Red Clydeside: A history of the labour movement in Glasgow 1910-1932


Letter from a loyal workman to the manager of Fairfields shipyard, 14 Jan 1916

image from Red Clydeside collection

During the First World War the industrial heartlands of Clydeside, Merseyside and Tyneside were regarded as hotbeds of revolutionary agitation. In response to the upsurge in industrial militancy many employers placed company spies within the ranks of ordinary workers to get information on potential troublemakers. At other times, as this letter shows, ordinary workers would often report to management any persons whom they considered to be disloyal or politically disruptive.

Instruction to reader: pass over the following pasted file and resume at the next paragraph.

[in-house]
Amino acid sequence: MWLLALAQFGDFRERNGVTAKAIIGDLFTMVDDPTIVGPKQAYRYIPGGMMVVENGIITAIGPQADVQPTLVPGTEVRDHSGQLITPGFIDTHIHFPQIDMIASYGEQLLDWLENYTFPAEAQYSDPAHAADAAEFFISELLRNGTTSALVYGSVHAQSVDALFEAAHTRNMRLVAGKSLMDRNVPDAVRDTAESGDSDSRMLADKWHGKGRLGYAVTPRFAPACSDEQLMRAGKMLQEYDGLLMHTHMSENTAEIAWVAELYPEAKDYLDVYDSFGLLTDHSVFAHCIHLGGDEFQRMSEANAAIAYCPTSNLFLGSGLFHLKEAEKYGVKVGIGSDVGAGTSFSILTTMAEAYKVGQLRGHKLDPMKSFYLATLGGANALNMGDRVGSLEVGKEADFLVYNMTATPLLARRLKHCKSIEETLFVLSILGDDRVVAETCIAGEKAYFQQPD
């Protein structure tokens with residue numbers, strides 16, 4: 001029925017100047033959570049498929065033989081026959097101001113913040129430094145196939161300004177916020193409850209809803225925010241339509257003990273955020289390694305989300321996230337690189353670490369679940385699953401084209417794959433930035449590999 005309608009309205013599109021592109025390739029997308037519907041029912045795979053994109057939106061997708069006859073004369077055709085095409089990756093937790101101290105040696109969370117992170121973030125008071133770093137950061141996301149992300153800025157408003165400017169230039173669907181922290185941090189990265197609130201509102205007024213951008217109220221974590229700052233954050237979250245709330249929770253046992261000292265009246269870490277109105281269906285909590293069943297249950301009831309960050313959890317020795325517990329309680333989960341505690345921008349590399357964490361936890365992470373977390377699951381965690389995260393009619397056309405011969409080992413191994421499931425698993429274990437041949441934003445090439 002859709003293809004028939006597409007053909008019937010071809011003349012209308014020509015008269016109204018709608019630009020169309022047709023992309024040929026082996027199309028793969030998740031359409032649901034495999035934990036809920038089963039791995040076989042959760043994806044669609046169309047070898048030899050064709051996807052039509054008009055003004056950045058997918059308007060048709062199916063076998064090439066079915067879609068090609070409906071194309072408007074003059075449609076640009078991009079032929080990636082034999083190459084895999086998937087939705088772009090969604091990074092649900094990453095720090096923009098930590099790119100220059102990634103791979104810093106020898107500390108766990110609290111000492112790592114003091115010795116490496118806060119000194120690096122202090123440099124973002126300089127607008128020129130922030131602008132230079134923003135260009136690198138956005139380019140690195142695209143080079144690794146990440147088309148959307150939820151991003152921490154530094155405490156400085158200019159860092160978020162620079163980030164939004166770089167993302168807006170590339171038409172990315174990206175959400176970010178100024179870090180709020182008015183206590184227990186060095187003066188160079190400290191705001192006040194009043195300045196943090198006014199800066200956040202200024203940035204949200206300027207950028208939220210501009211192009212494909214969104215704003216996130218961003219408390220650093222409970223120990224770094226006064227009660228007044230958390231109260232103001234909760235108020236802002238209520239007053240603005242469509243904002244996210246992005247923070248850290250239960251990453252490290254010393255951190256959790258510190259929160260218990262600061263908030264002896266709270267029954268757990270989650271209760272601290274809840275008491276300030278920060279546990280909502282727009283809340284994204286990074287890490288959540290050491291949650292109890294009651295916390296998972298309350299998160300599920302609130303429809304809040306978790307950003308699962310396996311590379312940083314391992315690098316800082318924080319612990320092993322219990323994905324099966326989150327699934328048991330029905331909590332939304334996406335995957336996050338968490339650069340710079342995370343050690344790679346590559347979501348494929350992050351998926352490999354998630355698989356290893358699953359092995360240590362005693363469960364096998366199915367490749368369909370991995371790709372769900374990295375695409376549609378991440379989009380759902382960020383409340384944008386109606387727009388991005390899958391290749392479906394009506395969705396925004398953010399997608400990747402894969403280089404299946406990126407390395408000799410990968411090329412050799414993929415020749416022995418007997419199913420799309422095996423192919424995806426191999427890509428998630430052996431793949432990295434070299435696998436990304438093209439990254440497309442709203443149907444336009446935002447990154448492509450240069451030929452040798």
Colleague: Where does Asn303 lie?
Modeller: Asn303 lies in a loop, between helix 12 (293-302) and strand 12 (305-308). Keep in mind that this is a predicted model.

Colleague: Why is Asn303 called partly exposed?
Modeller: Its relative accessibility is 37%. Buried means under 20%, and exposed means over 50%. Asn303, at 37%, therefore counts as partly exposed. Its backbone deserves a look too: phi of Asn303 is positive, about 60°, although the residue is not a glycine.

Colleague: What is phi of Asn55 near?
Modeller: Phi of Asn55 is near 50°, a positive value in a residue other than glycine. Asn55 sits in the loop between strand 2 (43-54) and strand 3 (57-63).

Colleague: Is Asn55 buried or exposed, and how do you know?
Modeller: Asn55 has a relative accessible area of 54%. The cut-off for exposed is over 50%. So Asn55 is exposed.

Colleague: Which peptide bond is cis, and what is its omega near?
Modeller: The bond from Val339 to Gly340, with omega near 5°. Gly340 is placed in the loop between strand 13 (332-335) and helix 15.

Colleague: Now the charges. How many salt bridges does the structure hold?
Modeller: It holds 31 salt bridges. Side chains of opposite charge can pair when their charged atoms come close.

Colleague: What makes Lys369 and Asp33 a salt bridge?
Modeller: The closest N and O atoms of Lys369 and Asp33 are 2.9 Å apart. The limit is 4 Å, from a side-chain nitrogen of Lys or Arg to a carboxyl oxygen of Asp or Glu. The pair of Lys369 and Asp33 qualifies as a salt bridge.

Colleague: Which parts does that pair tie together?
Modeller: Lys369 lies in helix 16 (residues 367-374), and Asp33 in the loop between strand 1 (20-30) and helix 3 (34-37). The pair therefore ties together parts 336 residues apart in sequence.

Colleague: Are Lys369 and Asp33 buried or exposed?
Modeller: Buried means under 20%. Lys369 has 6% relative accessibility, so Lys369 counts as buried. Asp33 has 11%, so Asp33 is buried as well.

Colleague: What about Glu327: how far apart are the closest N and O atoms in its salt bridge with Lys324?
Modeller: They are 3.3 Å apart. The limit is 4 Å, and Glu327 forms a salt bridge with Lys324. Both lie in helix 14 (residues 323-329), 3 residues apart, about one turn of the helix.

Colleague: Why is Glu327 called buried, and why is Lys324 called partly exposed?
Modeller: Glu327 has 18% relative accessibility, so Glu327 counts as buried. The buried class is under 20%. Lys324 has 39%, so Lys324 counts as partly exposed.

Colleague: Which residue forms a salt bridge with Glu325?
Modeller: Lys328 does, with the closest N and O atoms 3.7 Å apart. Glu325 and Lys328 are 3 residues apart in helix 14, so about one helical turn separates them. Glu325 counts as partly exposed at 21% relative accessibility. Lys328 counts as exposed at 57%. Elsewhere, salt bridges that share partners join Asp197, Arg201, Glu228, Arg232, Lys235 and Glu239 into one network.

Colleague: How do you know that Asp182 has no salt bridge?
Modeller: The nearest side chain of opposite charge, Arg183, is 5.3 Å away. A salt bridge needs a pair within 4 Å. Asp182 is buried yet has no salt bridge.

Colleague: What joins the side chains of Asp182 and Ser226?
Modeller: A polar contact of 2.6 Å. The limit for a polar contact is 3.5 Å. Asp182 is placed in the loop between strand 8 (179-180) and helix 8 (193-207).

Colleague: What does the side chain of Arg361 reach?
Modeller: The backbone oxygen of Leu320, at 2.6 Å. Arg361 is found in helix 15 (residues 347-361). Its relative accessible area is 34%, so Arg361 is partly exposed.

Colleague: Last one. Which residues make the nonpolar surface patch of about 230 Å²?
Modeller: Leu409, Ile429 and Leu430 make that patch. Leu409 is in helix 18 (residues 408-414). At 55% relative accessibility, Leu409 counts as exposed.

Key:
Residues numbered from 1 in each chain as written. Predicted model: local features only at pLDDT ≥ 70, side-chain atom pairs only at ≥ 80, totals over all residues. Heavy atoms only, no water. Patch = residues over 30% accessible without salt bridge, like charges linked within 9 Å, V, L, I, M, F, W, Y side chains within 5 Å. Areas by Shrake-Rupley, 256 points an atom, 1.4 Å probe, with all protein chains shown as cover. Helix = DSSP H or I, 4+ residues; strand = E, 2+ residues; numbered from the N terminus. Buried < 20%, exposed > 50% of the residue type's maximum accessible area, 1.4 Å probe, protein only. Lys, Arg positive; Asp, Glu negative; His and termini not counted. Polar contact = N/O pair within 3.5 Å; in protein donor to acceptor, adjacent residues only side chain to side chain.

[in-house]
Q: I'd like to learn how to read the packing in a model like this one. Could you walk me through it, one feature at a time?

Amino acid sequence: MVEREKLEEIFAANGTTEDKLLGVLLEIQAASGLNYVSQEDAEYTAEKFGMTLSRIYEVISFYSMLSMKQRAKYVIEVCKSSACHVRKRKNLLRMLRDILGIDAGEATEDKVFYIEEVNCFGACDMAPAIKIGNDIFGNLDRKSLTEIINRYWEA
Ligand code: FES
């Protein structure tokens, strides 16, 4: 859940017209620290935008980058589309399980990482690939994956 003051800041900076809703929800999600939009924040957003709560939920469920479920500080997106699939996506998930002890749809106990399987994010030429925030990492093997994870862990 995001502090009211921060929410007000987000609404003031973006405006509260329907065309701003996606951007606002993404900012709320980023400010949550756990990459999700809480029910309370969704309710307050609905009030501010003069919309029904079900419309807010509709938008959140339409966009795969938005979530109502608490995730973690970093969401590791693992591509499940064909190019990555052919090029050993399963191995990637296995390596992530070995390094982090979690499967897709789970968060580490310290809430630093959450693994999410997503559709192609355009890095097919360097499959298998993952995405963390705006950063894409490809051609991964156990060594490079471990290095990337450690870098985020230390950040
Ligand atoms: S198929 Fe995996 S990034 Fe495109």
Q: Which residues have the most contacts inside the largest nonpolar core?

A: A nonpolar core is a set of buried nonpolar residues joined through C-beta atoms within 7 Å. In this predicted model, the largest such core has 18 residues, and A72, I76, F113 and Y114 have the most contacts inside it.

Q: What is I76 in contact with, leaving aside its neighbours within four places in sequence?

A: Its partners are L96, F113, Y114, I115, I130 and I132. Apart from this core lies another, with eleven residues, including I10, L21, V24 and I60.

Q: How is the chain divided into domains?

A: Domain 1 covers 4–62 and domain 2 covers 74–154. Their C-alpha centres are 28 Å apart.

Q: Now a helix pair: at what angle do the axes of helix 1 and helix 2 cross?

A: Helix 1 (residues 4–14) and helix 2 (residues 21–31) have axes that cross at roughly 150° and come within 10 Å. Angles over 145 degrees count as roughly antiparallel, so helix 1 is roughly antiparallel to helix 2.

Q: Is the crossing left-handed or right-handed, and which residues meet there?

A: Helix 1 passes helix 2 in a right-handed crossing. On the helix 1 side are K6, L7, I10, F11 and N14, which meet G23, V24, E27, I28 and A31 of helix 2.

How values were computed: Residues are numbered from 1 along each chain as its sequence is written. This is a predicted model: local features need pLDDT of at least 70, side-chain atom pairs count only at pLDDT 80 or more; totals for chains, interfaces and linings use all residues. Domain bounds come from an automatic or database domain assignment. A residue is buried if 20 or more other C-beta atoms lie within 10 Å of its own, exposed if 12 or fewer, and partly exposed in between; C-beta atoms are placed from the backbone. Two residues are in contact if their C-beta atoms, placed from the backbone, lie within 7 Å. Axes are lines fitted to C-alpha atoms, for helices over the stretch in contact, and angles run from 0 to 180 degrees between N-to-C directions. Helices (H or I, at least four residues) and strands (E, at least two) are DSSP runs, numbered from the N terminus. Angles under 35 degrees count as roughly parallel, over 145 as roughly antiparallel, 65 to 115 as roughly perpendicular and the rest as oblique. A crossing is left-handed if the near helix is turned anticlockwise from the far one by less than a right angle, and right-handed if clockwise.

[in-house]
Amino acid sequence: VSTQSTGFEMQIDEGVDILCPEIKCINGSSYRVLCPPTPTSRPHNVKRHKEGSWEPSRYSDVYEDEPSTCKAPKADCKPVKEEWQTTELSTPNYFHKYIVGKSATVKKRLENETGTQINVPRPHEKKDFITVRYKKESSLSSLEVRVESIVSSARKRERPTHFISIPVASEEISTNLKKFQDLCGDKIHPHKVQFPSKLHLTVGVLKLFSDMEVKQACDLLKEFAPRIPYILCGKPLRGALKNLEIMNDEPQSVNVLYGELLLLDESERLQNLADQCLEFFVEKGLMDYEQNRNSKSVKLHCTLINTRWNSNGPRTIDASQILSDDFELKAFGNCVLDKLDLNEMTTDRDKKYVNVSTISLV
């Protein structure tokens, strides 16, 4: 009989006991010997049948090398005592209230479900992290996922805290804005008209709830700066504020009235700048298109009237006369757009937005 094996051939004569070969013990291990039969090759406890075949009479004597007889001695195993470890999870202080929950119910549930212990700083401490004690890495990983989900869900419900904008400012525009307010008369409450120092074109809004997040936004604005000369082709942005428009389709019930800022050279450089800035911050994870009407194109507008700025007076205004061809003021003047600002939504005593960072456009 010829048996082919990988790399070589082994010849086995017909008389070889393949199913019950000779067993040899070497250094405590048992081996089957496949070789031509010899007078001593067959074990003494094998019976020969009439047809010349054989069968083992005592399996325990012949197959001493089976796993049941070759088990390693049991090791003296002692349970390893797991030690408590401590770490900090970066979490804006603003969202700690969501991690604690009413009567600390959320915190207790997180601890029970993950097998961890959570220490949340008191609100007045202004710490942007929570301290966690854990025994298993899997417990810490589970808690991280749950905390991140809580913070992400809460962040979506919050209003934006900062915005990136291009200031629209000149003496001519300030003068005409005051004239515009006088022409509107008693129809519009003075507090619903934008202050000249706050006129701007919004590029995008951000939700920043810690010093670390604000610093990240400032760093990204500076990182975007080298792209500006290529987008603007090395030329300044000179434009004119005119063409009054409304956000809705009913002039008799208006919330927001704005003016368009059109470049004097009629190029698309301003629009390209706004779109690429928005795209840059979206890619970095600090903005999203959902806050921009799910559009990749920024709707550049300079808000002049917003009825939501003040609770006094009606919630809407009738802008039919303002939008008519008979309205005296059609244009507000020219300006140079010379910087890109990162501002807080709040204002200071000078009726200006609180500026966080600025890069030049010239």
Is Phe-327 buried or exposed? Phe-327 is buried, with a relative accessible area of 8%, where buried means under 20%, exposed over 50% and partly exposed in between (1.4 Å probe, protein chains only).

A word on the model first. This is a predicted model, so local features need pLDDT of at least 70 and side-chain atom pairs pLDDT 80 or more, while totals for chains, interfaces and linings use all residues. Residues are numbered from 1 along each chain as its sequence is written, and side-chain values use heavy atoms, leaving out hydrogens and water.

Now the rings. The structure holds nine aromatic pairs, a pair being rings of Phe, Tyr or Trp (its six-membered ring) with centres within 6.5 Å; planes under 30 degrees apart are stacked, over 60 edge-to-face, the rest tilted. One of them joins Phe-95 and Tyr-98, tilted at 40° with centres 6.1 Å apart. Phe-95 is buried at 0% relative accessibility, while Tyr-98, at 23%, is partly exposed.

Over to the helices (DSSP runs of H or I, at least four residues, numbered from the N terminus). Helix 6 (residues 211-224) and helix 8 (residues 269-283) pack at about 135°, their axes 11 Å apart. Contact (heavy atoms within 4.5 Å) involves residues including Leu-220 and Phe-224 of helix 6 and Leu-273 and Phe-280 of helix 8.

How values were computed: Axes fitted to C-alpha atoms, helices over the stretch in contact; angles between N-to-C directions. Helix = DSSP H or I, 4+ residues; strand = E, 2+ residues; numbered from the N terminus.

The suspicion within the political establishment of revolutionary activity was not entirely unfounded and there is strong evidence to back the notion of Clydeside as a fertile environment for the propagation of radical left-wing political thinking.

During this period the wider labour movement in Scotland, through its press, workplace meetings, open lectures and study groups was growing in confidence and influence. A Marxist and Socialist infrastructure grew rapidly on Clydeside with the entry of many new recruits to these causes, recruits who proved able to provide an educational counterbalance to the perceived wisdom of industrial capitalism.

Source: Weir Papers, Glasgow University Archives